Monday, September 23, 2013

Dundee Marmalade

The difference between this excellent recipe and the also-excellent marmalade base in yesterday’s post is time - not only the length of time it takes to prepare this marmalade, but the time of year.

Both this recipe and the tinned marmalade base I posted yesterday use Seville oranges. While you can make the marmalade base whenever you like, year-round, the fresh Seville oranges used in many marmalade recipes are available for only a short time, from December until February. In December, you’ll probably be so wildly busy that you’d happily strangle anyone who suggests you make marmalade, unless it’s for gift-giving. 

So that leaves plenty of time to be creative in the kitchen in the Northern Hemisphere’s blah months of January and February. By March, you’d better have your marmalade in the larder, or you’ll be out of luck until next year.

Please take the single minute it requires to read the brief, beautiful, lyrical editorial about Seville oranges - the plain janes of the citrus world - in last January’s Guardian newspaper. Jump to to enjoy this quick literary feast.

You can make marmalade with grapefruit, lemons, and even with tomatoes (indeed, you’ll find a beautiful recipe for Tomato Marmalade in tomorrow’s post), but oranges will always be marmalade’s heart and soul. So here’s a made-from-scratch marmalade my friend Sheila Cookson gave me more than 30 years ago. It’s outstanding. Although you won’t be able to make this marmalade until the colder months when Seville oranges make their brief appearance, this early recipe should whet your appetite!

Dundee Marmalade:  

2 lb. (1 kg) Seville oranges
2 lemons
8 c. water
8 c. granulated sugar 

Rinse oranges and lemons. Place whole fruits in deep, heavy-based saucepan. Add water, covering and bringing just to the boil. Reduce heat to simmer for 1-½ hr., or until a sharp knife will easily pierce fruit. Remove fruit to rack or tray to cool. Do not drain watery juice in pot. Slice fruit and rind to desired thickness - I suggest about ⅓-in. - ensuring you trim the rind into edible-sized portions. Remove pips, adding them to watery juice in pot. Bring to low boil for 10 min. Strain pips from juice, discarding them but keeping juice.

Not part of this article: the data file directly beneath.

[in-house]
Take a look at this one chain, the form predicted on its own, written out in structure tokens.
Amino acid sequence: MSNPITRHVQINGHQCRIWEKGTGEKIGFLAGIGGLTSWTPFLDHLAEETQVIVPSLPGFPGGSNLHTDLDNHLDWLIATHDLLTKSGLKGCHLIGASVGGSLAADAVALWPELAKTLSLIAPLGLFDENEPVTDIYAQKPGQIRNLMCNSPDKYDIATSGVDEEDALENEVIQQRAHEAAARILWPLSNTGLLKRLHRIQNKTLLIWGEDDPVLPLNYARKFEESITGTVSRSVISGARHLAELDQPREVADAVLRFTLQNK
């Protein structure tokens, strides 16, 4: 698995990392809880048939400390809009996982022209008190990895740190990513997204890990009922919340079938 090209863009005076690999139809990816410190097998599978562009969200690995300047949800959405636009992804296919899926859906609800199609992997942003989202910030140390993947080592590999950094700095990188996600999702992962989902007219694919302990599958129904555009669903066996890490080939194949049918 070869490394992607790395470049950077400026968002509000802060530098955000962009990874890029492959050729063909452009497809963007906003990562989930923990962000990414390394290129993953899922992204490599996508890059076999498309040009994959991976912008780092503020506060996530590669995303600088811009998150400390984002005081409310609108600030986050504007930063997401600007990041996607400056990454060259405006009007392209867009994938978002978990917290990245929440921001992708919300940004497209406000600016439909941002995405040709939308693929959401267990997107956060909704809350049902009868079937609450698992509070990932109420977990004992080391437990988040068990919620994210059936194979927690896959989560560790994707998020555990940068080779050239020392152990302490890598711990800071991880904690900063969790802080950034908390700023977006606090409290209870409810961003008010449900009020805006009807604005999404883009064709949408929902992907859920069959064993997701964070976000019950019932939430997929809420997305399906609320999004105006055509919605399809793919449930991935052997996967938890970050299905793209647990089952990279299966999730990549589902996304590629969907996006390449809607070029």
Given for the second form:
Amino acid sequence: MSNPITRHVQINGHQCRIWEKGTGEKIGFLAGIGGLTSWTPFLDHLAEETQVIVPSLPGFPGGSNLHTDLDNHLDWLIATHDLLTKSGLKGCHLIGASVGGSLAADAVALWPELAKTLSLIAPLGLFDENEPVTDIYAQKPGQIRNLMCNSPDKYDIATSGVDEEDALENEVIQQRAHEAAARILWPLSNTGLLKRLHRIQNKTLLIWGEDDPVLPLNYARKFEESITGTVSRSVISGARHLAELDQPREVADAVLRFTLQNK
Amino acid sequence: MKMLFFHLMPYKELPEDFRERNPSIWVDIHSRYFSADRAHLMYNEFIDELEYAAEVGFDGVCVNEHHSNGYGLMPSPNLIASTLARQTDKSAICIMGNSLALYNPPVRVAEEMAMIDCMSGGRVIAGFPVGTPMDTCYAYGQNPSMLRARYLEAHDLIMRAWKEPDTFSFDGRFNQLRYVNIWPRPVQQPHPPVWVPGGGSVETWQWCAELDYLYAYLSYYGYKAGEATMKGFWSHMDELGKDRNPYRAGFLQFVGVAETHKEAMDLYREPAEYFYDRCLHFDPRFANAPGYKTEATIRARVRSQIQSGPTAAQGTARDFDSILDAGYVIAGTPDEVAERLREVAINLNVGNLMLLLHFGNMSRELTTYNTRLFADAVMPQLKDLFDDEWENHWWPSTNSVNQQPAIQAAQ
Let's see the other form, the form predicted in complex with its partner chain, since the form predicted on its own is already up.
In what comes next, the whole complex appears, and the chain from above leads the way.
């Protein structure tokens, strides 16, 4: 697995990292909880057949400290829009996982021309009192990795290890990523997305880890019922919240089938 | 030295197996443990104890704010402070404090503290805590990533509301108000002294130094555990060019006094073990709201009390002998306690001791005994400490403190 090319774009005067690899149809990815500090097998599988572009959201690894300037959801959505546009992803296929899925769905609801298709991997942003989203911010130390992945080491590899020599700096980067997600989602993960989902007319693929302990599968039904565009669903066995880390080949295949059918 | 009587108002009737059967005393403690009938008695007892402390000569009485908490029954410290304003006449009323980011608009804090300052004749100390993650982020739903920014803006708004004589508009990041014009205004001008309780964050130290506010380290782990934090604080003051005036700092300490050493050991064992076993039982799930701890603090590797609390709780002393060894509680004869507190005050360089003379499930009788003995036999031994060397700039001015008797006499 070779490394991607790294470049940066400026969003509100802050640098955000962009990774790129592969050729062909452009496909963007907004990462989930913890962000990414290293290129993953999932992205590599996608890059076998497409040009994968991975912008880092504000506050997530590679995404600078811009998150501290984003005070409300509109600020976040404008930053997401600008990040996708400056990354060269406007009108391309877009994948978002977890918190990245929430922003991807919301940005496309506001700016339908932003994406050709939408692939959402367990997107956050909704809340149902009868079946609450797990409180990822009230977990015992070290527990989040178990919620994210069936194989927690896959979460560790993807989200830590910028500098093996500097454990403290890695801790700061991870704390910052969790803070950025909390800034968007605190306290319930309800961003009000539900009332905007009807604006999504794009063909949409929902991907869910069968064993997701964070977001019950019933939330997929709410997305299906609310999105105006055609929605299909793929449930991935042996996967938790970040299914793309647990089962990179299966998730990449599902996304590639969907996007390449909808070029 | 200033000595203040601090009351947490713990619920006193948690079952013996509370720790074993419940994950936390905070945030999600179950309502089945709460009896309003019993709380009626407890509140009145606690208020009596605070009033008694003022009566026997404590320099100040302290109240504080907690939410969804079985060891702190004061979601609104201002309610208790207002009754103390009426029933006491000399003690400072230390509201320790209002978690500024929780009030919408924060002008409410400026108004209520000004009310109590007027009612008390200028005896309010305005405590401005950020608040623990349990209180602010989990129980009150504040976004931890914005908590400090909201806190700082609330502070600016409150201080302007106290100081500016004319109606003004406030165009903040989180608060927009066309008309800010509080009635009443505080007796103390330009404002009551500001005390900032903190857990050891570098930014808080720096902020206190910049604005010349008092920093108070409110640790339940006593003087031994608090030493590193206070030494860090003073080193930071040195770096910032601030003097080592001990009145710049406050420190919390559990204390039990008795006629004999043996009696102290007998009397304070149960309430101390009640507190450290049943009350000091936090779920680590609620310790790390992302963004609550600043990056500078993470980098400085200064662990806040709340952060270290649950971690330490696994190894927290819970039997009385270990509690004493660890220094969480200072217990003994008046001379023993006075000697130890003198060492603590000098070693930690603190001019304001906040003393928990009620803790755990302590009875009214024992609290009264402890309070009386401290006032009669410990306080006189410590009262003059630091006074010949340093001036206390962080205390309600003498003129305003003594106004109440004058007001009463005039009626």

Add sliced fruit and attached or detached rind to juice. Bring to a boil and immediately add sugar, stirring until sugar dissolves. Boil rapidly without stirring for 30 min., or until a candy thermometer reads 220 deg. F. (105 deg. C). See Note

Well worth the effort: Dundee Marmalade

When the marmalade reaches its “set point” - when it jells - ladle into hot, sterilized jars. Immediately seal with paraffin wax. As I recently wrote, paraffin wax is highly flammable. Please read One Last Note, below. Makes about 4 lb. marmalade.

Note: If you don’t have a candy thermometer, use the “drop test” to check the marmalade’s “set point” (This is nothing like the “set point” in tennis, but is arguably just as much fun). Drop a small spoonful of jam, jelly, or marmalade onto a well-chilled plate. If the marmalade is sufficiently cooked, it should “wrinkle” when the plate is tilted.

Further Note: This marmalade contains no pectin. For more about high-acid pectin-free jams, catch the delightful read at  and its follow-up at 

One Last Note: Jams and jellies are tremendously easy to make - so I was surprised to read that the method for making them has changed. If you make jams, jellies, and preserves, the information and Q&A on this website (including the notes about paraffin wax seals!) are a must-read. See:

No comments:

Post a Comment

Want to find a long-lost favorite recipe? Want to submit one of yours, or simply leave a comment? Always happy to hear from you!